Tuesday, January 22, 2008

Shakun's Thoughts on Children of a Revolution

A Letter to Joshua Far Away in Western Massachusetts

"For us as parents this gets incredibly difficult to have both of you live so far away as we feel very close to you guys. Leah is still young and budding. Deep down Dad and I know that we have to put you through the challenges of America, as it is your country of citizenship and heritage. You guys are lucky as you have options you can tinker with. Not necessarily convenient, but the richness of the dual should empower your vulnerability and connectedness to both cultures.

Carp diem! and make the best of both worlds.

Did I ever tell you your story, Joshua? You are a true child of the revolution. I was 3 to 4 months pregnant with you during the first Jan Andolan in 1990. I was walking the street of Durbar Marg when suddenly I saw this wave of people pushing the seams of the clock tower and demanding that the king concede to democracy. The military had cordoned the Palace right in front of the Annapurna hotel. Suddenly, there were shots, teargas and an unison of anger.

A stranger pushed me towards a small gate facing Yeti Travels. Before I could make any sense of it all, I found myself in the office of Yeti Travels , crouching on my stomach on the floor, trying to grab a phone on the desk that was a couple of feet away from the windows. There were two other people there who looked familiar but unknowing.

As I pulled the cord of the phone, the windows smashed and there was shards of glass all around me. I did manage to pull the phone closer to me and I called your Dad at Save the Children. He was supposed to come and get me any time. It must have been about 2-3 pm. I told him not to come as Durbar Marg had turned into a war zone with slippers, shoes, bricks and twisted barbed wires.

As the military stood with guns aiming at the civilians, the civilians fearlessly confronted the cordoned line -- a tsunami of human energy pushing and sweeping the protagonists. Thus, the crown fell off the head and the next moment was a scene that made me doubt the feudal history of my country. There were young bodies literally clamoring and climbing the body of the statue king and in no time he was left wearing a garland of slippers and shoes all strewn around his neck.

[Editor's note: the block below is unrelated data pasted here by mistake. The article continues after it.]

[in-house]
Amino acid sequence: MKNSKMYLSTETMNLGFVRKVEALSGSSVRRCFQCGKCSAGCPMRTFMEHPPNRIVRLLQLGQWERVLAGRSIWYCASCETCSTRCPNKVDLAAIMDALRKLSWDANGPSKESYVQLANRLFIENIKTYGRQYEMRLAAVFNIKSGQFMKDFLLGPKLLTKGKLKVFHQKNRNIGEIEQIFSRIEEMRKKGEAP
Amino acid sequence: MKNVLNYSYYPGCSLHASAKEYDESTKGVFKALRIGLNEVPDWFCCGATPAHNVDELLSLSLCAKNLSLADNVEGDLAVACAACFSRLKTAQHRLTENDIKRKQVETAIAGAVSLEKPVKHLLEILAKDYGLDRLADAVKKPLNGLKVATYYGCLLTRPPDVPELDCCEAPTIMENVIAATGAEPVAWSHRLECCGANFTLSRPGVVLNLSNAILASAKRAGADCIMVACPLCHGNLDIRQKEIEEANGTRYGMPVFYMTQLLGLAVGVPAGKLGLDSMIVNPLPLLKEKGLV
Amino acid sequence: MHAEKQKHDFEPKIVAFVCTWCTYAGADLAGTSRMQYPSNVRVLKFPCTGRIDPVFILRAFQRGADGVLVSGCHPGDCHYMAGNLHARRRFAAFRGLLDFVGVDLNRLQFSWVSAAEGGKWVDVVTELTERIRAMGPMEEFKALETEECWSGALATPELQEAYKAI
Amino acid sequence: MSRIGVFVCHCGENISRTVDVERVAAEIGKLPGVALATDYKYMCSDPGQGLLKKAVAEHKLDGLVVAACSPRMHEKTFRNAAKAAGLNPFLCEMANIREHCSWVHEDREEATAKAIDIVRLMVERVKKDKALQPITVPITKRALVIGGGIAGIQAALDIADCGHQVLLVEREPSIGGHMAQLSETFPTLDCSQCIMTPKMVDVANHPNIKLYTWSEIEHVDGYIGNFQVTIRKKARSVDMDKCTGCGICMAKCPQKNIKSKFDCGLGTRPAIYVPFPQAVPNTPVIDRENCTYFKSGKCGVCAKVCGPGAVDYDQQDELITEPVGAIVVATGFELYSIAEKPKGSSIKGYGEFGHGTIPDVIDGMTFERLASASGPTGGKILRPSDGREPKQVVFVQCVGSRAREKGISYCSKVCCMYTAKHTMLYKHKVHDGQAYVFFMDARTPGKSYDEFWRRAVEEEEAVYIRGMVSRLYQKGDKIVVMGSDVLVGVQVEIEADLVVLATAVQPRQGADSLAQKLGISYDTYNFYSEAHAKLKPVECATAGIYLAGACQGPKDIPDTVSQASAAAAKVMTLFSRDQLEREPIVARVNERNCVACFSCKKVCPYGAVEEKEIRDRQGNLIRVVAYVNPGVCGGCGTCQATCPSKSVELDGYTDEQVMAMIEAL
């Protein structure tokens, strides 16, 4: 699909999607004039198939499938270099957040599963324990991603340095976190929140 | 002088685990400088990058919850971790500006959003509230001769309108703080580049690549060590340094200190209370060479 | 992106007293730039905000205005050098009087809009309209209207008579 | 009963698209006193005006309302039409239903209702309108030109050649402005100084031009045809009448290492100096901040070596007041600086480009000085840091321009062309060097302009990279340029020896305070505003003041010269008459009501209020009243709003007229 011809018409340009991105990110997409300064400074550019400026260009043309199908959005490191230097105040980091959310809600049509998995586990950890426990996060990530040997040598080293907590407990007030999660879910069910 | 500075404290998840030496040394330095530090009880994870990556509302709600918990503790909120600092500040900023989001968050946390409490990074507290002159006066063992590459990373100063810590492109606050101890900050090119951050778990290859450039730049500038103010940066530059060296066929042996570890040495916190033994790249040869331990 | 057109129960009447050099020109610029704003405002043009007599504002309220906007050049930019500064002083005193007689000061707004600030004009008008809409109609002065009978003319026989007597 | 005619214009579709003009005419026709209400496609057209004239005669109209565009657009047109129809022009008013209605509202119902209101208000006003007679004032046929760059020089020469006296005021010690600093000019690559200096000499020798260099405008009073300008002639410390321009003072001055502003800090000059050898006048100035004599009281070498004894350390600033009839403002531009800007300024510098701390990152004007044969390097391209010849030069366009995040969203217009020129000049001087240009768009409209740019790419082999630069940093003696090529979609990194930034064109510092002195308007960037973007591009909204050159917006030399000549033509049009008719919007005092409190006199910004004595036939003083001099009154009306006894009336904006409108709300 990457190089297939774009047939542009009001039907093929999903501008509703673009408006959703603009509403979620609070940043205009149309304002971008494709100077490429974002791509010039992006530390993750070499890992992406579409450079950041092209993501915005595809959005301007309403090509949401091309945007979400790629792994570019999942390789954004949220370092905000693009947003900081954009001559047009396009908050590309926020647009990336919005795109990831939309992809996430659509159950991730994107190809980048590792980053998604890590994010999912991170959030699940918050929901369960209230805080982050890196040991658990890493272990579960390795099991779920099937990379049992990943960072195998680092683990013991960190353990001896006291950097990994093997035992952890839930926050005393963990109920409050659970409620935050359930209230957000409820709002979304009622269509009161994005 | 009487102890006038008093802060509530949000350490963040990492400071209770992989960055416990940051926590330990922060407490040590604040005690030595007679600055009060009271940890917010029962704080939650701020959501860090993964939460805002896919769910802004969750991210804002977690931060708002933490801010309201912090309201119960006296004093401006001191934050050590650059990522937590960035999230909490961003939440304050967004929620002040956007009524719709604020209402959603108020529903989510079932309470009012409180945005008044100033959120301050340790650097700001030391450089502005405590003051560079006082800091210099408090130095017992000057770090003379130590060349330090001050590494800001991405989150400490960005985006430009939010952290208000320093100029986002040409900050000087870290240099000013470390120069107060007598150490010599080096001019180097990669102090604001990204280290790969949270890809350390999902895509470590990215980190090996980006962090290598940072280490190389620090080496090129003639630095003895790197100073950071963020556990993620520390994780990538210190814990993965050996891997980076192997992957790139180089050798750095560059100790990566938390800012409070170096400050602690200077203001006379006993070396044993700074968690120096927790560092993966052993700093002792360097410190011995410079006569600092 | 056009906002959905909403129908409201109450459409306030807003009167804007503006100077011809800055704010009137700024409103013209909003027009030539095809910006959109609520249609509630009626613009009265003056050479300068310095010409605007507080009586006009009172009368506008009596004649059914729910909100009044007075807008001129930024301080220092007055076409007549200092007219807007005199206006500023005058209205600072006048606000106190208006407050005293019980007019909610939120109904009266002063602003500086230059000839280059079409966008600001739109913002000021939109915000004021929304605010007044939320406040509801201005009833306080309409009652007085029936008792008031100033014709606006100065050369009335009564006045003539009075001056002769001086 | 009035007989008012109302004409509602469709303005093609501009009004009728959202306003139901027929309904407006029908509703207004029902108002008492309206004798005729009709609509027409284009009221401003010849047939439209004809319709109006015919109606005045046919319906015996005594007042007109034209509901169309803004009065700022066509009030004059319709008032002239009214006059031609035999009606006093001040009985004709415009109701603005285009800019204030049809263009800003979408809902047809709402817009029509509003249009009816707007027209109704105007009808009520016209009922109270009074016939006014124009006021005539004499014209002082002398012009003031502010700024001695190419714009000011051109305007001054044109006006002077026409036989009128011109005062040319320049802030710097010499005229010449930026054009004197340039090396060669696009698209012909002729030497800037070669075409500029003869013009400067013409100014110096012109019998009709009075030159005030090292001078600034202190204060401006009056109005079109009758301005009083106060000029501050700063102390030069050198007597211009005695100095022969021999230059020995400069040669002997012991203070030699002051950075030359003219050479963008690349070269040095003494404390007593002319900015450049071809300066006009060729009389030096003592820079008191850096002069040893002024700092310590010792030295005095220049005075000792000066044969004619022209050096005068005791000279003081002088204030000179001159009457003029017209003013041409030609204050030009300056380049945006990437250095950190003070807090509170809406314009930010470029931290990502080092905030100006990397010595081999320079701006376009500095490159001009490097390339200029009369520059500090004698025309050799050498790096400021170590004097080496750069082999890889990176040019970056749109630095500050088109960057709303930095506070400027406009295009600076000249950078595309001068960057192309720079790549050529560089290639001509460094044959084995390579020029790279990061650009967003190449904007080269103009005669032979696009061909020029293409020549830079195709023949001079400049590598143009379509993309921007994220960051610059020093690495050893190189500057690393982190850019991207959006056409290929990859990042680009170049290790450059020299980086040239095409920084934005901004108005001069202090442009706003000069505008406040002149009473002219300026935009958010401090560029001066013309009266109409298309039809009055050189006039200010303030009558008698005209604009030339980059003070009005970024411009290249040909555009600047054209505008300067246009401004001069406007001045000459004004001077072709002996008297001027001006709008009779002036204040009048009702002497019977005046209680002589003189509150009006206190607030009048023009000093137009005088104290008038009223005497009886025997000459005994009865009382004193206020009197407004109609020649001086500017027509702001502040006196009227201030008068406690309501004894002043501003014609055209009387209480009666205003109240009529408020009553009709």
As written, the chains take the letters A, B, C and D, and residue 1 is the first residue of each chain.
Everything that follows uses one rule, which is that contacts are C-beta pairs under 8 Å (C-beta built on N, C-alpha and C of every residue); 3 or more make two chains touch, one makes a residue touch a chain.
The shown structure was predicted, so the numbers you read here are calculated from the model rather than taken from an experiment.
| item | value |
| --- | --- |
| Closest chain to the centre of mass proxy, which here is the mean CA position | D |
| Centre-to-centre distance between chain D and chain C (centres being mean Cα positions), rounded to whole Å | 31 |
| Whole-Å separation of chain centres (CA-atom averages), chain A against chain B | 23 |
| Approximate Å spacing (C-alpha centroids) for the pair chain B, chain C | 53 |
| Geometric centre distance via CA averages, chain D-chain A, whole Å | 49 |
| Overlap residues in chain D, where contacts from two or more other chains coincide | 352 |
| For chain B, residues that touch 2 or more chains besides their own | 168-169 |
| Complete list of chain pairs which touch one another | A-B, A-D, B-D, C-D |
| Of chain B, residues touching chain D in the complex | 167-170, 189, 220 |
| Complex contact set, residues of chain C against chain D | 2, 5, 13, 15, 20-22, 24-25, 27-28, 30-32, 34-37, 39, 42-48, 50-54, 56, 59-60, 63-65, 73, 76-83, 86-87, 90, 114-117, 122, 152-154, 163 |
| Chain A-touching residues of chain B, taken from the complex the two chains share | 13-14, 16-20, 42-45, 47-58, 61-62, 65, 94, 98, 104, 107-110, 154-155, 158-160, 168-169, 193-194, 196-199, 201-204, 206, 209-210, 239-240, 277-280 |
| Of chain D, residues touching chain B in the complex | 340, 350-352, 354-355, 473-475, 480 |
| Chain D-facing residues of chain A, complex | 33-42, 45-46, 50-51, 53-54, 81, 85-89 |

More tear gas in haze of smoke to dispel the crowd but this time the deed had been done. They had succeeded in bringing shame to the king, waving the red flag of victory over his twisted sculptured head.

The military was moving backwards towards the Palace trying to protect it while the crowd pushed forward like little ants with instinctive discipline. Your father's car -- of course, he didn't listen to me, as usual -- was the only vehicle that made it within the cordoned space in front of the Palace.

I remember fighting with a soldier in military fatigues, who was pointing his gun at me from a truck load of military kids telling me to shut up. I was accusing him of being a criminal, shooting at the public and being a brainless slave to the system. He was pointing his gun towards me, but I knew he would not shoot at me as there was a dozen journalists taking my side.

Your Dad was trying to remind me that I was pregnant and trying to protect me and nudged me to leave. I was boiling in rage as I had seen a young girl jump off the college wall because she was shot at while I was trying to get the phone. The room venerated with broken glass and trying to save myself became an instinctive reflex and the scene of the girl being shot seemed more of an illusion than a fact away from the shattered glass window.

I remember that night watching the King (Birendra, at that time) declare himself as a constitutional monarch in a democratic Nepal that Spring of 1990.

How strange that the struggle continues today seventeen years later with the same faces with little sense of democracy.

You may want to highlight the circumstances of your birth through the passionate passage of history as it continues to this day. You are special because you are part of the transformation of the civil rights energy in Nepal.

Your birth is the landmark and the measuring scale of human consciousness of democratic demands in a country that lived its reality in the crumbling of its mythic sense of monarchy and feudalism.

May the blessings of empowerment be yours.

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